Anyone have any suggestions for a golden (1yr old) who won't stop retrieving my son's toys, especially stuffed animals. He's got plenty of his own toys and they get rotated for him to prevent boredom. He's getting exercise and love and attention. Our dining room is my son's toy room and he has 6 large toy bins full of toys. Max (the golden) goes in there all day and brings out toys. If I don't catch him right away he'll play with them. I've tried telling him no then giving him one of his toys but it's not sinking in. None of Max's toys are anything like my son's with the exception of balls. Max thinks all balls belong to him, which I can understand. I just want him to stop fetching toys all day long.
Sarah
in thread "Sarah" (Email Removed) whittled the following words:
Anyone have any suggestions for a golden (1yr old) who won't stop retrieving my son's toys, especially stuffed animals. He's ... balls belong to him, which I can understand. I just want him to stop fetching toys all day long. Sarah

I have an elkhound that does this all day long. I simply take it from her, put it on my desk, and give her a cookie and tell her "THANK YOU" She never stops either Emotion: wink
As a result, my desk top looks like a disaster area, and when I can't find my monitor any more, I take a huge sweep of the arm and knock them all on the floor. Then she goes to work picking them all up again, insuring that NOTHING ever touches the floor.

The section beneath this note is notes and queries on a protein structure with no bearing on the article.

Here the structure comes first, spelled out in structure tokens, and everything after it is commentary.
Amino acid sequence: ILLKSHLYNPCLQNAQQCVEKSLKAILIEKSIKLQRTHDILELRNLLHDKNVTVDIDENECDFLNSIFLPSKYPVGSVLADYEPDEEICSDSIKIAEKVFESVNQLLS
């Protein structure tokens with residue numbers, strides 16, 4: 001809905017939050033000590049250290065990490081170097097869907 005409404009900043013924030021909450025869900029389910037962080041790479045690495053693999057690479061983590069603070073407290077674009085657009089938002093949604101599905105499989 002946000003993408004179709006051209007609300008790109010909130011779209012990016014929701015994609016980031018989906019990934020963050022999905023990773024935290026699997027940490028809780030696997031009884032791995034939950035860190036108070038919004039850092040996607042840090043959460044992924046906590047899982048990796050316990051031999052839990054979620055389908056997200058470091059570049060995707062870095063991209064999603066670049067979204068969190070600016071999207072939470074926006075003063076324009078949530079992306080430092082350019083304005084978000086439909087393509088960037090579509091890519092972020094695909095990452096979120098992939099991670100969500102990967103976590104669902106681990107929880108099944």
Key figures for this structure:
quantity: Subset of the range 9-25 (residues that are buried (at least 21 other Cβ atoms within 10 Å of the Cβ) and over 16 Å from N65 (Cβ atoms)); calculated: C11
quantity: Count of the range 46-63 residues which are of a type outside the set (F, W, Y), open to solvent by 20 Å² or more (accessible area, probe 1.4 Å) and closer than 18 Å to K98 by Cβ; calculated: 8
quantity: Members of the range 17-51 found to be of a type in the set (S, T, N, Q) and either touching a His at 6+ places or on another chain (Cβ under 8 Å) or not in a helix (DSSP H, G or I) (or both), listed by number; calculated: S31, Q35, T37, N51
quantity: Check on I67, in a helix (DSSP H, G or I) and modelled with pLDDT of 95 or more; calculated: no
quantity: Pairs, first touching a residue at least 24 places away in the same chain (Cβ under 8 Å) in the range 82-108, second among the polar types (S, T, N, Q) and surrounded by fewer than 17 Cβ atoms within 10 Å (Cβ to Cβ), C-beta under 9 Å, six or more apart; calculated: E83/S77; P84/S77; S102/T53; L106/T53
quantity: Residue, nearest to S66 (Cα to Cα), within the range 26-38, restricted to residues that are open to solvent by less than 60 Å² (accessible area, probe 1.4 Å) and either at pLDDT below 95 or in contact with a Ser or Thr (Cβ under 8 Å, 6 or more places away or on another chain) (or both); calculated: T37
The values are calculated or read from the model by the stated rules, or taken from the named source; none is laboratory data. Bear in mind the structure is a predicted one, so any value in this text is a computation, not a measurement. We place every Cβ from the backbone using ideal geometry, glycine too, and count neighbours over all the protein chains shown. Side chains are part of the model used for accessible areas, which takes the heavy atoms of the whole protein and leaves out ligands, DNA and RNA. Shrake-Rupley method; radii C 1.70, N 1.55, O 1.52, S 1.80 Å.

I feel blessed. I used to have TWO compulsive retrieving elkhounds working overtime! Ahh for those days again! I want the original back! A full desk means I'm loved.
Try scenting the dog's toys with something safe (like vanilla extract) and only rewarding him for bringing those, ignoring him for bringing any others. You could even train this as a more formal scent discrimination game. That way he'll be far more motivated to bring only his toys. My guess is that even though the difference between the dog's toys and the son's toys is obvious to you, it isn't to the dog, so it'd be a good idea to give the dog a little more help.

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Anyone have any suggestions for a golden (1yr old) who won't stopretrieving my son's toys, especially stuffed animals. He's got ... thinks all balls belong to him, which I can understand. I just wanthim to stop fetching toys all day long.

You mentioned he gets exercise, love and attention. How much exercise each day? What about training? This sounds like a puppy who is bored and wants to have a job, but is just not getting the mental workout he needs. Plus, he's probably not getting enough physical exercise - at one year, he is probably overflowing with energy. I would suggest at least one long walk per day plus fetch games in the yard and several short training sessions - get him active and moving for an hour or so per day. Use that love of toys to your benefit by including them in training sessions.I'd also suggest restricting his access to those toys which aren't his, because frankly, a toy motivated dog will find anything resembling a toy to be his toy, and the temptation to play with things can be too great for a puppy to overcome. Even if the puppy is 3 - my youngest dog recently found a bag full of beanie babies I had set aside for donation, and proceeded to tear the bag open, take out the toys and neatly remove all the little ear tags that collectors worship - fortunately they are still fine for kids as he didnt leave a drop of slobber on even one! It has been rainy and he was BORED!! So - can you close off the dining room, or move the toys to a spare bedroom or den? That, plus sufficient physical and mental exercise, should make for a happy home with happy pup + child.